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pull up a seat and grab a cup of tea as our bloghers dish on the latest in marketing, business, and social media.
Welcome back! My apologies for missing last week as I was out with a back injury and failed to schedule last week's post. (We'll discuss automation in your business during a later blog post, because it will help make things easier.) Let's get right to it. Business plans are used as a road map to reference when navigating between the stages in your business. When seeking financing from financial institutions and investors, a business plan with a solid financial study is required. A simple search of , "How to write a business plan?" will product hundreds if not thousands of listings for companies that produce templates or write plans for you. My suggestion is to write the plan yourself and do your own research. This way the plan is more personal and you're just as invested with the plan as with the rest of your business. Each plan needs to have:
Executive Summary- This I recommend writing last as it will be include key points from each section of the plan and should be no more than four pages.
Business Overview- This section includes a description about your business to include legal and business structure, type of business, how you'll operate in business in terms of if brick and mortar or online, and location.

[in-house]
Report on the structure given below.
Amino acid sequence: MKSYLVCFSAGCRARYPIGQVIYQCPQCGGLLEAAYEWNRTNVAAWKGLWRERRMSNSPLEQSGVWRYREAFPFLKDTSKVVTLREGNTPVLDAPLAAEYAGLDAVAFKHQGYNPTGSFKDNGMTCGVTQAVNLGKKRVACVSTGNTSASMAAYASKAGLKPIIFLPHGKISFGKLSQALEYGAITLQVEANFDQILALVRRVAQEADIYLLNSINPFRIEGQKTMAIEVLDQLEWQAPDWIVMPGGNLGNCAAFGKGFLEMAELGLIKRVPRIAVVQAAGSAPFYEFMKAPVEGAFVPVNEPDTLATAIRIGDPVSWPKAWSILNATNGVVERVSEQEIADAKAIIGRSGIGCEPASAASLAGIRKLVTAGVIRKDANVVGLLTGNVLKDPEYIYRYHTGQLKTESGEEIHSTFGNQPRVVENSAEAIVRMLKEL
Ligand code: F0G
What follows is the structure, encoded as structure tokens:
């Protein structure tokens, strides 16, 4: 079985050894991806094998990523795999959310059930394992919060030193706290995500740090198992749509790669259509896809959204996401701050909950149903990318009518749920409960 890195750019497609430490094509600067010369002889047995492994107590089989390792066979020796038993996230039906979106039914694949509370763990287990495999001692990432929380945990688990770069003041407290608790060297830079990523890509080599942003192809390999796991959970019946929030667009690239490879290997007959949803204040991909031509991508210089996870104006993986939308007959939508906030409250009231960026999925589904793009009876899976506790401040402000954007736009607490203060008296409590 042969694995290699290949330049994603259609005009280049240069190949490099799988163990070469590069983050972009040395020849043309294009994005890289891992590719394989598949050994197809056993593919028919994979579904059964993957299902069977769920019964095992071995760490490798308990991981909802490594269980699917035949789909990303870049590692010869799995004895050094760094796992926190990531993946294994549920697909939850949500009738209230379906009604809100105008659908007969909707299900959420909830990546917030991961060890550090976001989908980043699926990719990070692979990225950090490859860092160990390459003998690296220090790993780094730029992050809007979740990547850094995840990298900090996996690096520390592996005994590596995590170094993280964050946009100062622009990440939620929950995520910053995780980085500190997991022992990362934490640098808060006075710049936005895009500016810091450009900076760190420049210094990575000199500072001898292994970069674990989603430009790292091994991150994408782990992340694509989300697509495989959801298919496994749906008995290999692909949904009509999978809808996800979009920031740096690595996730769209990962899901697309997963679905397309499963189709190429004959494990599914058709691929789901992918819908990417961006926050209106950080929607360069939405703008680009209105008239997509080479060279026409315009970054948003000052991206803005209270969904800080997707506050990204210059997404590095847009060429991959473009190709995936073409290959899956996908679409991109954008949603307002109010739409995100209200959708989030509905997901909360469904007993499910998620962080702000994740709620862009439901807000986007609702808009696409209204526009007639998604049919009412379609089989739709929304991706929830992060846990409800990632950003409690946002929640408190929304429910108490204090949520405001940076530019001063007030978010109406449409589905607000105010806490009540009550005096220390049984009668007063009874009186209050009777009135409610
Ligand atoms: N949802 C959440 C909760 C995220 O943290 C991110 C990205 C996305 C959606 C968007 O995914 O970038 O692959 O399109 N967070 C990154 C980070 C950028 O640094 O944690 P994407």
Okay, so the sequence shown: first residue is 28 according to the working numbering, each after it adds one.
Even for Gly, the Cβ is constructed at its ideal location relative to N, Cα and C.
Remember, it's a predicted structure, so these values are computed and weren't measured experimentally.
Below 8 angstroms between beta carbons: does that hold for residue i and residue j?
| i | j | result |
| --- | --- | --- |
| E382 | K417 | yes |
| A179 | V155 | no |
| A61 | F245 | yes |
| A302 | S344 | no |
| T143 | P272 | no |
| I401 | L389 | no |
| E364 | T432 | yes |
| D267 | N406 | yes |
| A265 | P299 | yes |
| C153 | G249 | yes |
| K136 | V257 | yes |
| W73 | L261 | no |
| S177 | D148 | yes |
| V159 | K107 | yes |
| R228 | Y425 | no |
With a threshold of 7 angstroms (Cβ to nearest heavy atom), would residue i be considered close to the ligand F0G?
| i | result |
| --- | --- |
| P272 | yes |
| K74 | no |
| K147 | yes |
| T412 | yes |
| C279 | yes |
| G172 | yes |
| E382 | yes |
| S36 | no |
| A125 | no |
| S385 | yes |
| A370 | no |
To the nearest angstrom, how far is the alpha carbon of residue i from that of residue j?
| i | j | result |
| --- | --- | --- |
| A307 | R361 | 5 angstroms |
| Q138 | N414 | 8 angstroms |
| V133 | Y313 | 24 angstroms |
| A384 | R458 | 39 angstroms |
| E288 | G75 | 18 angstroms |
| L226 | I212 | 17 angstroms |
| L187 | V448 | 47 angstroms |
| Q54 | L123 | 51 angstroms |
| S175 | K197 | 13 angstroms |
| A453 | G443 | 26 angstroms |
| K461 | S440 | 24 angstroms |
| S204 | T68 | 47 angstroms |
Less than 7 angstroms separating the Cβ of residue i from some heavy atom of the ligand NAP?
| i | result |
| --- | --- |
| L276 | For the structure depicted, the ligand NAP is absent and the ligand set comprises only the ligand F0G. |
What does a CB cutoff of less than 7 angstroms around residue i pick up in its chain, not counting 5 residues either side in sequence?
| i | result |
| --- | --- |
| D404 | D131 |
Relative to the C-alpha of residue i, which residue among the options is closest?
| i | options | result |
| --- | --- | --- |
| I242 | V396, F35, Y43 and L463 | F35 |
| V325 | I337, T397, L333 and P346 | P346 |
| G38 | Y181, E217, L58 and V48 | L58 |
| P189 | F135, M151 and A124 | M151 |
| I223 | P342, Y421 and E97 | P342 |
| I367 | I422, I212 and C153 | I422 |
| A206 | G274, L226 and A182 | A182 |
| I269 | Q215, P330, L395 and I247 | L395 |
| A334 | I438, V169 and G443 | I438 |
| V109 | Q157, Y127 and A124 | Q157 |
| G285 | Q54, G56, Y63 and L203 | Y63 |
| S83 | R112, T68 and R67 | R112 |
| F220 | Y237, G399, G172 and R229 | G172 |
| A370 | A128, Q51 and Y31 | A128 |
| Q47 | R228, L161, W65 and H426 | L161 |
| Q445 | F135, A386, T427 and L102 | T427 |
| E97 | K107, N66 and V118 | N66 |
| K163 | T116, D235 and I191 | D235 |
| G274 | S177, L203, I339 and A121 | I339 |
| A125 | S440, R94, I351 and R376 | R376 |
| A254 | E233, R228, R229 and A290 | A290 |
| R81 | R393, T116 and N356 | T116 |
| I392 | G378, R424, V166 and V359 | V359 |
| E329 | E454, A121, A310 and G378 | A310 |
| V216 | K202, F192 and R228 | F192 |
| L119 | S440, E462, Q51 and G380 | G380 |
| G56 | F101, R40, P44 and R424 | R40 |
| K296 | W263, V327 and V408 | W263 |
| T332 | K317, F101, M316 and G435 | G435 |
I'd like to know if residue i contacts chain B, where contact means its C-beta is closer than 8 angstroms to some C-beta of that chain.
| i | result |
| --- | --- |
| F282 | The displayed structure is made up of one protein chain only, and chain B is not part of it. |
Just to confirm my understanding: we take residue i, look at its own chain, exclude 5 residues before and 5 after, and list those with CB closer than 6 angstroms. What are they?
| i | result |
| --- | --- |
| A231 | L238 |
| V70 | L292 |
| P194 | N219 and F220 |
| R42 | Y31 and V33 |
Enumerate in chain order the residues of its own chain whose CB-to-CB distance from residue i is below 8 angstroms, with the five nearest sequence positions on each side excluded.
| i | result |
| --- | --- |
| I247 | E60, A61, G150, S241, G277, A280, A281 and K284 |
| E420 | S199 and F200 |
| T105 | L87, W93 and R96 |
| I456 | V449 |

Operational Plan- Explains how to the business will function, business responsibilities and who would carry them out.
Market Analysis- One of the most important sections of your business plan. Here you'll define your target market and how you plan to cater to them and the community. Statistics, charts, and graphs are necessary. WIll include a SWOT (Strengths, Weaknesses, Opportunities, and Threat) Analysis.
Products & Services- Include brief description of each product or service you plan to offer or manufacture.
Marketing & Sales- Describe how and why your clients will purchase your products and how you plan to reach your target audience through marketing and advertising.
Competitive Analysis- Analyze the strengths and weaknesses of your direct and indirect competition and how you will set yourself apart from them.
Management Team- Your management team could make or break your business. Detail each member of your team, their strengths and brief description of their related background.
Financial Plan- Detail a realistic view into your start up costs, where you plan to be financially over the next five years, how the funds will be used, if there is a need for additional financial support and how much, and list recurring expenses.
Projections- This will include at least three years of projected income and balance statements.
After writing your business plan, be sure to include any additional supporting documentation. Remember business plans could be any where from a few to fifty or so pages. Be patient, take your time and trust the process as you will reference this plan throughout the life of your business. Stomped? Search for a business plan template specific for your industry for inspiration but definitely do not copy it. Use your own words, experiences and put your best work out. Meet me here next week as we discuss my favorite topic; Marketing.